Following the capture and defence of Roeux (13 – 16 May 1917) and action following the Hindenburg line (20 May – 16 June 1917). Harry Pelham was transferred to the Royal Artillery workshops in Boulogne on 18 June 1917, and became a ‘Gunner/Fitter’ and was involved with the maintenance and repair of Fire Power Equipment operated by the Royal Garrison Artillery.

Harry Pelham remained in Boulogne until 13 May 1919 when he was transferred to Beauval; he stayed there until 27 May 1919, when he was transferred back to England and released from the army.

Harry returned to working on the land with his father. In 1920 he married Louisa Elderfield and had two daughters, Marjorie and Evelyn. Harry continue to work on the estate and was given the task of starting and running a turkey farm by his employers. Unfortunately, Harry died in 1929, aged 43, and is buried in Leigh churchyard, Surrey.

This information has been gathered over a long period of time, and it must be mentioned that the family does not know when he had home leave; but, he must have done so, as pictures exist of him in uniform and were taken in Reigate, near his home in Leigh.

Private Joseph Timothy Morley

Information contributed by Henry and Jean Pelham (courtesy of Brian Gudgeon)

Joseph was born in 1891, the eldest son and second (out of seven) child of Joseph and Harriet Louisa Morley.  The family lived in Hollis Row, Earlswood, before moving to The Bungalow, Mason’s Bridge Road Earlswood.  His father had built the bungalow in the early 1900s, was a Chimney Sweep in the early 1900s, and was a chimney sweep by trade.

Joseph had enlisted in the latter part of 1915 and sent to France early in 1916.  He was wounded and sent to England to recover in Red Cross hospital, at Sittingbourne. It was from here he sent a letter to his sister Jessie saying that zeppelins were over Sheerness! He said he was peeling potatoes and getting about generally, though his legs ached, and wouldn’t mind staying there for the duration!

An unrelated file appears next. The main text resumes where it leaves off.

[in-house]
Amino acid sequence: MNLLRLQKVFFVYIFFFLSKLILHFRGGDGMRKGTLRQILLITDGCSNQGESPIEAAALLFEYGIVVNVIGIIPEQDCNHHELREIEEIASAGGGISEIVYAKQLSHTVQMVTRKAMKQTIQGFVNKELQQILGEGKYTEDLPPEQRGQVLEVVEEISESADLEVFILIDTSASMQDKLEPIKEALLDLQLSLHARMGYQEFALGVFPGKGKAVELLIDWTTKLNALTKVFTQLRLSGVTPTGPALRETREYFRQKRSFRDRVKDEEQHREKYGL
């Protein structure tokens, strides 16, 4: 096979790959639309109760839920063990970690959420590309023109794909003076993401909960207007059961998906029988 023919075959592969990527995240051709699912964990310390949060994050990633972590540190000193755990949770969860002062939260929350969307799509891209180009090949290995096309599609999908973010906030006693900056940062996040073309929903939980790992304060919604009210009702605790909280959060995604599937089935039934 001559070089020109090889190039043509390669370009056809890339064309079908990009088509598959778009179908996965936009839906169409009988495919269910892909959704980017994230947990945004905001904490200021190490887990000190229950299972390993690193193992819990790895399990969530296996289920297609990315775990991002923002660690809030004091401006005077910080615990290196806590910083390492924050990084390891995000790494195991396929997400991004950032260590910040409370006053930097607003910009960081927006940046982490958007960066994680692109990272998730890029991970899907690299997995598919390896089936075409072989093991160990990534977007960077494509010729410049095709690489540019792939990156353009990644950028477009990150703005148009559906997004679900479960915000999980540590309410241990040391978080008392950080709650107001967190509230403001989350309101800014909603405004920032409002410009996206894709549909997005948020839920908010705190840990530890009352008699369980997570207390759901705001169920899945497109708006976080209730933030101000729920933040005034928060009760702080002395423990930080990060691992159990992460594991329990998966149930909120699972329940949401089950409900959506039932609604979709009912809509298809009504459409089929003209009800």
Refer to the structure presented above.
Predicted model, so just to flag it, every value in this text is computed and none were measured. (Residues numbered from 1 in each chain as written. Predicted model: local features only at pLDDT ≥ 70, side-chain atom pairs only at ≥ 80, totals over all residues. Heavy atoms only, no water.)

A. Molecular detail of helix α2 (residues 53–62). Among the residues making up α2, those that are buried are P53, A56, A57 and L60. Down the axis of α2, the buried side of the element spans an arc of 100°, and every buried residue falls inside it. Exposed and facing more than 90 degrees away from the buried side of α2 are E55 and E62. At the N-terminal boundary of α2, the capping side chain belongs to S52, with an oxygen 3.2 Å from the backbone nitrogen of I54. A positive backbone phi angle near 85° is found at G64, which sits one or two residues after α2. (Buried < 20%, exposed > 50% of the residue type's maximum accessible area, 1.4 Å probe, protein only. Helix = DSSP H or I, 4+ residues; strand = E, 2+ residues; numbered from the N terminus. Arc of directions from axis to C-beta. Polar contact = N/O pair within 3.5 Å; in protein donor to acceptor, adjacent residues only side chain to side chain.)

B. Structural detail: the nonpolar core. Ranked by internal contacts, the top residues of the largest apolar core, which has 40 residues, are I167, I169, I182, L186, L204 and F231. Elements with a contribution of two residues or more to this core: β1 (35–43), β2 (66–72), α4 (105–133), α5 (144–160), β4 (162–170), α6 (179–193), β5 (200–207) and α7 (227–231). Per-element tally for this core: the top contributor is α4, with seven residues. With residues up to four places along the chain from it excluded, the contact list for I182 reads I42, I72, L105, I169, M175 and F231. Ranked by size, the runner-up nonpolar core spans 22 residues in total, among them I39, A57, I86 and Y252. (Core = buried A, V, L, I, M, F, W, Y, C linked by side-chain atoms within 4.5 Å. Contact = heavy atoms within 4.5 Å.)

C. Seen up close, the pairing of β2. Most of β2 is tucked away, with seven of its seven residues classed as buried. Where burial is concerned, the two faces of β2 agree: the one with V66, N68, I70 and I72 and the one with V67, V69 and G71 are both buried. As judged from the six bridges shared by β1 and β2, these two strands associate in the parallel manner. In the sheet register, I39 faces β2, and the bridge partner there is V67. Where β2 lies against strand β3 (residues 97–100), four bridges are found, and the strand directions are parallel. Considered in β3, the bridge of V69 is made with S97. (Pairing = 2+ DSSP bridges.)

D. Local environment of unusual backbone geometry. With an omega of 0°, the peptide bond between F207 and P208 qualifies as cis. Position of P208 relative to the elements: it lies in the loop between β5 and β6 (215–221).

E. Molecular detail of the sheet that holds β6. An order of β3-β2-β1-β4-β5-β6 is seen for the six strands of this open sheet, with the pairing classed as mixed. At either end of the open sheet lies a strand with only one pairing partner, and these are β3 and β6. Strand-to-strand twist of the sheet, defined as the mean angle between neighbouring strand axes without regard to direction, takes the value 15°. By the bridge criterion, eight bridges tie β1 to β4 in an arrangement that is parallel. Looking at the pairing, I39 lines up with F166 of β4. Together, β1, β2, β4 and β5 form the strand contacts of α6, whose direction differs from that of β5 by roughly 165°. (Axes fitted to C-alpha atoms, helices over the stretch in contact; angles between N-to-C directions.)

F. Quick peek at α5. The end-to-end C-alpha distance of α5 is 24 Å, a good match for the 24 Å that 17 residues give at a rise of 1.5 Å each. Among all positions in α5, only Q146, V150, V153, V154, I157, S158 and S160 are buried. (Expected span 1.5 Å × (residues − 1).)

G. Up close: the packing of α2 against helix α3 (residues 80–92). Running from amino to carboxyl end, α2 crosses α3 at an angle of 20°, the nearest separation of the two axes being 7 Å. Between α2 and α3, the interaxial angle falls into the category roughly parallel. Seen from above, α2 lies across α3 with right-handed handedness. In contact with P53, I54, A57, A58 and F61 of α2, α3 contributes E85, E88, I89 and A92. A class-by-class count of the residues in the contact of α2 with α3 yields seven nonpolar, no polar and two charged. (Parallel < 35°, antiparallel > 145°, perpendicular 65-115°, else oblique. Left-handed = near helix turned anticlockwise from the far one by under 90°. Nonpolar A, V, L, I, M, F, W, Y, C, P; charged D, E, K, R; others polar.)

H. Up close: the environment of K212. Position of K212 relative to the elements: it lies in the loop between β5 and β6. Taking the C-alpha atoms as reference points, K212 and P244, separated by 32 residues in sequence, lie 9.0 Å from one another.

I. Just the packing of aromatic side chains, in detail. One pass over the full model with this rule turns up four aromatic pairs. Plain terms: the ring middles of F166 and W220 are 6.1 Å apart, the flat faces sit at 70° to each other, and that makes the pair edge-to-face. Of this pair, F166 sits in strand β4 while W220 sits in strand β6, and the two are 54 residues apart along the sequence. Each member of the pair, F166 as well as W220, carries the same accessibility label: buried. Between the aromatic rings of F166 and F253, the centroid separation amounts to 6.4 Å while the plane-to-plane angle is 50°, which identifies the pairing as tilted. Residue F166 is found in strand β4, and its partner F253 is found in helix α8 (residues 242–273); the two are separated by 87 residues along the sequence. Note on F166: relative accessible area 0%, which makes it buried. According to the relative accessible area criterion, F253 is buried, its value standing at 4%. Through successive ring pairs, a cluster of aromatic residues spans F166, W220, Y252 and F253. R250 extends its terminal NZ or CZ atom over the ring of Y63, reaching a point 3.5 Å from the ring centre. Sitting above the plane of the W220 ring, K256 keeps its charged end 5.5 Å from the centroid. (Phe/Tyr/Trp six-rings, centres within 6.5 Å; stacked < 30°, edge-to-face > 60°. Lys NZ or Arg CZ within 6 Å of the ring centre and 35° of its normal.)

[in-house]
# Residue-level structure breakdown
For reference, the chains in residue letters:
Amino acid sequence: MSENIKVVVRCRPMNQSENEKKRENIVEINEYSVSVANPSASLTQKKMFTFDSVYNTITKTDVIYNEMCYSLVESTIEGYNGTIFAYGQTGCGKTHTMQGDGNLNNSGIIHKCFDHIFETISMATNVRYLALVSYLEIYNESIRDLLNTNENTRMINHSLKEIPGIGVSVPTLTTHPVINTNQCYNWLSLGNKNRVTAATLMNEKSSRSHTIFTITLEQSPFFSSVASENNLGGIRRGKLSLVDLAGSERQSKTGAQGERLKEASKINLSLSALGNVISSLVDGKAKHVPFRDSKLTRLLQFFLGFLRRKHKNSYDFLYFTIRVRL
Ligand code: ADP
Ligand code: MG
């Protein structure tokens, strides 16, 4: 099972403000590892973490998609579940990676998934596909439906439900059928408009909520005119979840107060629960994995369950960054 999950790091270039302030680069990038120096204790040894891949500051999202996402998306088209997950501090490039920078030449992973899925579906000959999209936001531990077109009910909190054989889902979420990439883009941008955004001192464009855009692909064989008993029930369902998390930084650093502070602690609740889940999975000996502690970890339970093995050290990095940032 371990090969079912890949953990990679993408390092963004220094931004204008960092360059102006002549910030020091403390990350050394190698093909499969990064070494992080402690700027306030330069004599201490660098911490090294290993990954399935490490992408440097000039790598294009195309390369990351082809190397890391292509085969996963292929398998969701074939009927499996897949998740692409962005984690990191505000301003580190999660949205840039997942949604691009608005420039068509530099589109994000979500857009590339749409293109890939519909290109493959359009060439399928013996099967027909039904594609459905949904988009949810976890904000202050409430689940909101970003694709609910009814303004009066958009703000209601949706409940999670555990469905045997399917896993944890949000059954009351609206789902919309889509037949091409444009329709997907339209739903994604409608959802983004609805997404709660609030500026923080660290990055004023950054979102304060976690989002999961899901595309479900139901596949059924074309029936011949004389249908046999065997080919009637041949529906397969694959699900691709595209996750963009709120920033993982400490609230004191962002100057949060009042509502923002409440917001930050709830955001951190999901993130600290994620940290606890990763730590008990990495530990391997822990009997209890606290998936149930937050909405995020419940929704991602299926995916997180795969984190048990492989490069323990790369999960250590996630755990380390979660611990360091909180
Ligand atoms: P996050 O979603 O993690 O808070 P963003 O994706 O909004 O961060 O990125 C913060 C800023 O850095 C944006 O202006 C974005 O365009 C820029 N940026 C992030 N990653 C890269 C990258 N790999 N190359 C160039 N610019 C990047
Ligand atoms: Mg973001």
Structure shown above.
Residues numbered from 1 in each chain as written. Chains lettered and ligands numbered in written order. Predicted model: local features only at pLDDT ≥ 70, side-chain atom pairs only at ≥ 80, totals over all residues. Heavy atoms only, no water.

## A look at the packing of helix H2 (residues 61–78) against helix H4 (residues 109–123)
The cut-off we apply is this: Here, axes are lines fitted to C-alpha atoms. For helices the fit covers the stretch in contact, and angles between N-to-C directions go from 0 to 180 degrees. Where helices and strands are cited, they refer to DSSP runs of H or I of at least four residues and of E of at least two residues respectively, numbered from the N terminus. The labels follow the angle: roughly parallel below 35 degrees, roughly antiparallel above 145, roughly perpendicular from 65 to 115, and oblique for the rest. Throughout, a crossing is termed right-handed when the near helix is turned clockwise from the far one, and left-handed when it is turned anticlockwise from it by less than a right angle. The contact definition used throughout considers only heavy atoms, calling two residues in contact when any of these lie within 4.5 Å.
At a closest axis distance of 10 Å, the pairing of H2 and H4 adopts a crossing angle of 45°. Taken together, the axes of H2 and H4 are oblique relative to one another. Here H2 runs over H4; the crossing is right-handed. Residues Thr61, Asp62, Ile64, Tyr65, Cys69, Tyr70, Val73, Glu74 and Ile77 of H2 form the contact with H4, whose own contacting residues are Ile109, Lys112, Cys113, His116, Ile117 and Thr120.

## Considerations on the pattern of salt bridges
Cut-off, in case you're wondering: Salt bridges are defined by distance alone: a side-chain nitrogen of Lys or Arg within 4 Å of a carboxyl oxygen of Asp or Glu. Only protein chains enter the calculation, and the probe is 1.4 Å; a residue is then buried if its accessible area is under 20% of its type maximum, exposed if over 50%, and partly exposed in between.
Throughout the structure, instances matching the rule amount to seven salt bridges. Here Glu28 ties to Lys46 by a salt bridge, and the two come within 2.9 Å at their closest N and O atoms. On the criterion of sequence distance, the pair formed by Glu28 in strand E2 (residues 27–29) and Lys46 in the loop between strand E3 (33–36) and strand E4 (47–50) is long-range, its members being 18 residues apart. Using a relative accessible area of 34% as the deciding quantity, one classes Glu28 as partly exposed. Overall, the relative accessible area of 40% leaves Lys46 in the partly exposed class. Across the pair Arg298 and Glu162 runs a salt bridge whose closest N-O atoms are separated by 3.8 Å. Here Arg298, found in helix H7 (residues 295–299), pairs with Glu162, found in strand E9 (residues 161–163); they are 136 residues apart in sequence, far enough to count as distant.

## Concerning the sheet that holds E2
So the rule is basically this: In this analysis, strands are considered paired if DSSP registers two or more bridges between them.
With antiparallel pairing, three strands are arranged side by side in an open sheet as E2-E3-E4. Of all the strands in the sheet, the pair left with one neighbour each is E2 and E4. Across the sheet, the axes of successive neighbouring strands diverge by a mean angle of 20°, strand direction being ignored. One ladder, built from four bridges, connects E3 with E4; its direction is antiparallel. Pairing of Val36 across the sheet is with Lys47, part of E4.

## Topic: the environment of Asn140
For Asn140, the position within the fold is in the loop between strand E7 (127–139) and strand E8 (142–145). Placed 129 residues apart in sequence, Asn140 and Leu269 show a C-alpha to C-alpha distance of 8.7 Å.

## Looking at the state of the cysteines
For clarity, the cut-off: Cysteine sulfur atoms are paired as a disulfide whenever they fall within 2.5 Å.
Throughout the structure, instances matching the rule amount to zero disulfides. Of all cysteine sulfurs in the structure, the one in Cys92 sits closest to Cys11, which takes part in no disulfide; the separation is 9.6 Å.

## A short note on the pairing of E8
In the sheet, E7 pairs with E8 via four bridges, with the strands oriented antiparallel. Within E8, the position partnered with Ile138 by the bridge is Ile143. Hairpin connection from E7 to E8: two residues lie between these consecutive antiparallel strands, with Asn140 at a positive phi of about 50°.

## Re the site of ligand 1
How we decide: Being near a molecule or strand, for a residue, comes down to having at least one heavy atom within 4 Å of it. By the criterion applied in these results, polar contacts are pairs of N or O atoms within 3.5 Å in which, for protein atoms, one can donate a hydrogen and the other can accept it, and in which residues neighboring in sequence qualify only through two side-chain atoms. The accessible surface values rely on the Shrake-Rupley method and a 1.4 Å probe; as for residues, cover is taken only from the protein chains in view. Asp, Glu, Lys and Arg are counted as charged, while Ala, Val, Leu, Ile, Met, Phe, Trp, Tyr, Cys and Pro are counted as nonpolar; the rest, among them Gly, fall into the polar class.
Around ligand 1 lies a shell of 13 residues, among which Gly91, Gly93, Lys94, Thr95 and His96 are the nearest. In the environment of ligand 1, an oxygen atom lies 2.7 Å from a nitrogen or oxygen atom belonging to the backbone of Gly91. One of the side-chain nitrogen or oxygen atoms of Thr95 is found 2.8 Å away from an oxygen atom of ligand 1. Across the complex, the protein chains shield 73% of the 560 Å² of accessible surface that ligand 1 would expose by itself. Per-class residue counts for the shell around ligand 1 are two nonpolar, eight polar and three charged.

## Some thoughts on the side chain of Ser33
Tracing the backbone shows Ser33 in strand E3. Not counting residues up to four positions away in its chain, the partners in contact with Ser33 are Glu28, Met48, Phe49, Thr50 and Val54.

He rejoined the 7th Battalion, the Queen’s (Royal West Surrey) Regiment on 2 August 1916 and returned to France the following day. He was posted missing, presumed killed in action, on 28 September 1916, just six weeks from when he returned to France.

The Regiment to War diaries reveal that, on 27 September, the battalion was attached to the 53rd Infantry Brigade for operations:

orders were received and issued for the attack on Schwaben Redoubt and all preparations for same made.

28 September-battalion attacked at 1pm, gaining and holding southern side.

29 September-battalion holding ground gained with continuous fighting at close quarters. At night, battalion was relieved by eighth Battalion, East Surrey Regiment, and proceeded to North Bluff, near Authuille.  Casualties to fighting of 28 and 29 September one officer killed and 10 wounded; other ranks killed 44, missing believed killed one, wounded 251, wounded and missing one, missing 87. Total 384. His body was never found and his name is on the Thiepval Memorial.


Naylass James Vivash

Family story contributed by Wendy Capstick (Great Granddaughter)

Naylass was born on 31 July 1884 in Sunbury-on-Thames, to Charles Albert Vivash (an Engineer) and Jane Stocker Vivash (née Meads). He was baptised in St Mary’s church on 5 October 1884.

Charles and Jane had seven children, five of them survived (1911 census) and Naylass was their third surviving child. His siblings are: Charles Albert (b 1878), Edith Jane (b 1879 ), Elsie (b 1892) and Ernest William (b 1894).

On 13 January 1906 Naylass married Beatrice Turner (her christened name was Emma) in St Mary’s church, aged 21 and 20 respectively. They had 4 children: William Charles James (b 1906), Elsie Rose (b 1909), Nellie Jane (b 1911) and Albert Naylass (b 1914).

Naylas had several jobs during his life. In the 1901 census, Naylass was working as a coachman. In 1906, when he got married, he was a ferryman. In the 1911 census, he was an under gardener. After war broke out he joined the Fire Service in February 1915, to do his bit for the war effort.